Posted by: Ford Elms on Wednesday, 20 December 2006 at 7:18pm GMT

Again, Steve, you may not like 'homophobia', but I think its because it actually shames conservatives and reveals them for what they are. No wonder they don't like the word! Of course it is used politically, because the prejudice of anti-gay organisations and individuals is deeply political. Prejudice should certainly be censored.

I'm the one who has been saying that language isn't set in stone, Steve. Haven't yopu read the thread?

Posted by: Merseymike on Wednesday, 20 December 2006 at 10:59pm GMT

Ford - I would completely support you in being against some of the oppression you mention above.

I just struggle with ordaining people who say the bible is plain wrong on issues they pick - whatever that issue.

People on TA take very seriously (and quite rightly) what the bible says on justice and the poor....but then want to reject its authority when inconvenient. That is not satisfactory, I am afraid......but this is not supporting prejudice or discrimination in the workplace or society, I hope you will agree.

Posted by: NP on Thursday, 21 December 2006 at 8:53am GMT

MM: I can't find the phrase 'set in stone' in your posts (it's in mine), but at least we are agreed that language usage changes over time, and always has. Often I wish it didn't so we didn't have to keep revising Bible translations, or explain Shakespeare to our children - or even Yeats ('I have heard that hysterical women say/They are sick of poets who are always gay').
I am glad also that you agree that the use of the recent neologism 'homophobia' is a political tactic used to shame and silence opponents of an ideology - which is why I will continue to oppose this piece of Newspeak. Perhaps, however, you won't concede that your own outlook is also a "prejudice", as you label opposing views. Do you think you are in full possession of the 'facts' about human sexuality so that what you think and say is entirely objective and impartial? What a godlike confidence you have. Even Peter Tatchell (who was raised in a Christian home) doesn't share your essentialist ideology about sexual affections. In a strange way, he actually comes closer (in a recent Guardian piece, linked by Peter Ould) to what Professors Oliver O'Donovan, Markus Bockmuehl and Tim Bradshaw said in the 1995 St Andrew's Day Statement.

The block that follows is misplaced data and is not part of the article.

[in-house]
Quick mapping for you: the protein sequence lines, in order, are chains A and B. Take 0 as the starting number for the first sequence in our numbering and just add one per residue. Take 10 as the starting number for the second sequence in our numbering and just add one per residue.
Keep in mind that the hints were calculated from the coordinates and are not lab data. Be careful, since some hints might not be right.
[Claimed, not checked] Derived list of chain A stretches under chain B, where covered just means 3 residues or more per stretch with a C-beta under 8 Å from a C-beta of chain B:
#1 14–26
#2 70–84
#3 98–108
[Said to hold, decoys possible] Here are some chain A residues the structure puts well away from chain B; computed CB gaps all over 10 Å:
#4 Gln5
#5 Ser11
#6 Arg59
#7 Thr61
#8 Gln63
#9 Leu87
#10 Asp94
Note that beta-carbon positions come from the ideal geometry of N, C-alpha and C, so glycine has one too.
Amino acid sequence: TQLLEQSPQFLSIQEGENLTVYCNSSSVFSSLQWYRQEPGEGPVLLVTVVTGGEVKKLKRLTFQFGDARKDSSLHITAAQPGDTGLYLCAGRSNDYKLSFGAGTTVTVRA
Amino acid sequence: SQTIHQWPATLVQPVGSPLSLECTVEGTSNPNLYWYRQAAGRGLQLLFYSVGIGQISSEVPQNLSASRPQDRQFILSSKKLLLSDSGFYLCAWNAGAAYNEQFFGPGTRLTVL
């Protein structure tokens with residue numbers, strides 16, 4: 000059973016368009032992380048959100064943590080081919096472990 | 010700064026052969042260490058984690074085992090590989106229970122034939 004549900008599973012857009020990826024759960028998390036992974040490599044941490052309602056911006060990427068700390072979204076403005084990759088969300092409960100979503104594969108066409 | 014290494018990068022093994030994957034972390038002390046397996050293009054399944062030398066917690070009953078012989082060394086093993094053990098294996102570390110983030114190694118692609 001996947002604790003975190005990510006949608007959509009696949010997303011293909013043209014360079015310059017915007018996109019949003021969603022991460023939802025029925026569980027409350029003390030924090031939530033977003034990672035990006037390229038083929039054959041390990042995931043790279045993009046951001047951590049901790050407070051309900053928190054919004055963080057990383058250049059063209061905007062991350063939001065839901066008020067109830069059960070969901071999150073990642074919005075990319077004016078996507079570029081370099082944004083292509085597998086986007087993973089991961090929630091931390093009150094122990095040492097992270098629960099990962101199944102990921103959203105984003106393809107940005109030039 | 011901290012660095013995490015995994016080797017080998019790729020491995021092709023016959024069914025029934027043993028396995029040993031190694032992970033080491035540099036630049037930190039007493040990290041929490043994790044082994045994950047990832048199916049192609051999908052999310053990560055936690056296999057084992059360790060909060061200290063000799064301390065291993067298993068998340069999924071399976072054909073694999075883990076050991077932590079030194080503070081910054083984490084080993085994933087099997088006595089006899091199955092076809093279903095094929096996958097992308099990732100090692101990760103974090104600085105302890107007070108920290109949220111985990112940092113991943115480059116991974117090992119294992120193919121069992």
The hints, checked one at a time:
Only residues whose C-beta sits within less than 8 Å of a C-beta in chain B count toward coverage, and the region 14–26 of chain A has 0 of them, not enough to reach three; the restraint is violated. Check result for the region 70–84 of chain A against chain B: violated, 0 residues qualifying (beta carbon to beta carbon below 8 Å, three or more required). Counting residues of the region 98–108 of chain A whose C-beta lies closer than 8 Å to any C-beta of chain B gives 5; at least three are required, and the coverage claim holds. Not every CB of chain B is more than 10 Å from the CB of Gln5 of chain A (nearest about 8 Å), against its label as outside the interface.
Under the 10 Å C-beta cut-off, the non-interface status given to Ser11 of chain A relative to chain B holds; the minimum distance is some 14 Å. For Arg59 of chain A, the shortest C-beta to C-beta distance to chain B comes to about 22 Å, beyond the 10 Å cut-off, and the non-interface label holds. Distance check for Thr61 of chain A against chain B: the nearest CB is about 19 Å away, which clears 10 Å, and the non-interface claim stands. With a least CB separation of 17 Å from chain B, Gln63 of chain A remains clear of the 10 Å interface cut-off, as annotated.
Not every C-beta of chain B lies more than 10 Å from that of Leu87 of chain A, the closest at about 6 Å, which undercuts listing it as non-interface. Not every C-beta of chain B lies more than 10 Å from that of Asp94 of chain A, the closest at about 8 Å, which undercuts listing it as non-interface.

Posted by: Steve Watson. on Thursday, 21 December 2006 at 10:49am GMT

Dear MM, I don't really expect that you will change your belief that same-sex sex is any thing other than equal with male-female sex. Though I think that, if you thought about it, you could probably identify several reasons why that is not factually correct.

And I could begin to enjoy the spectacle of you calling someone "homophobic" and your "enemy" after they have just said that they are determined to love you, even though they disapprove of same-sex sexual behaviour!

I have had friends who are divorced and remarried, some who were living together outside marriage, and the occassional one who was promiscuous, as well as some who were in same-sex relationships. I disapprove of all these sexual behaviours on moral/religious grounds, but I still love my friends... and they don't call me "phobic", "discriminatory" and their "enemy". Neither would they expect me to approve of their choices - nor feel the need to try to have me legally obliged to speak and act as if I do !

Posted by: Dave on Thursday, 21 December 2006 at 11:44pm GMT

Oh, agreed - I don't share Tatchell's outlook at all. I'm much more mainstream.

Posted by: Merseymike on Friday, 22 December 2006 at 12:24am GMT

Nothing to do with behaviour, Dave. Identity, personhood, relationship. Until you grasp this, you will continue to speak in your usual homophobic way. And you will continue to be marginalised - just as the Church is today.

Posted by: Merseymike on Friday, 22 December 2006 at 10:52am GMT

"People on TA take very seriously (and quite rightly) what the bible says on justice and the poor....but then want to reject its authority when inconvenient. That is not satisfactory, I am afraid......but this is not supporting prejudice or discrimination in the workplace or society, I hope you will agree."

What ever makes you think this has to do with "convenience"?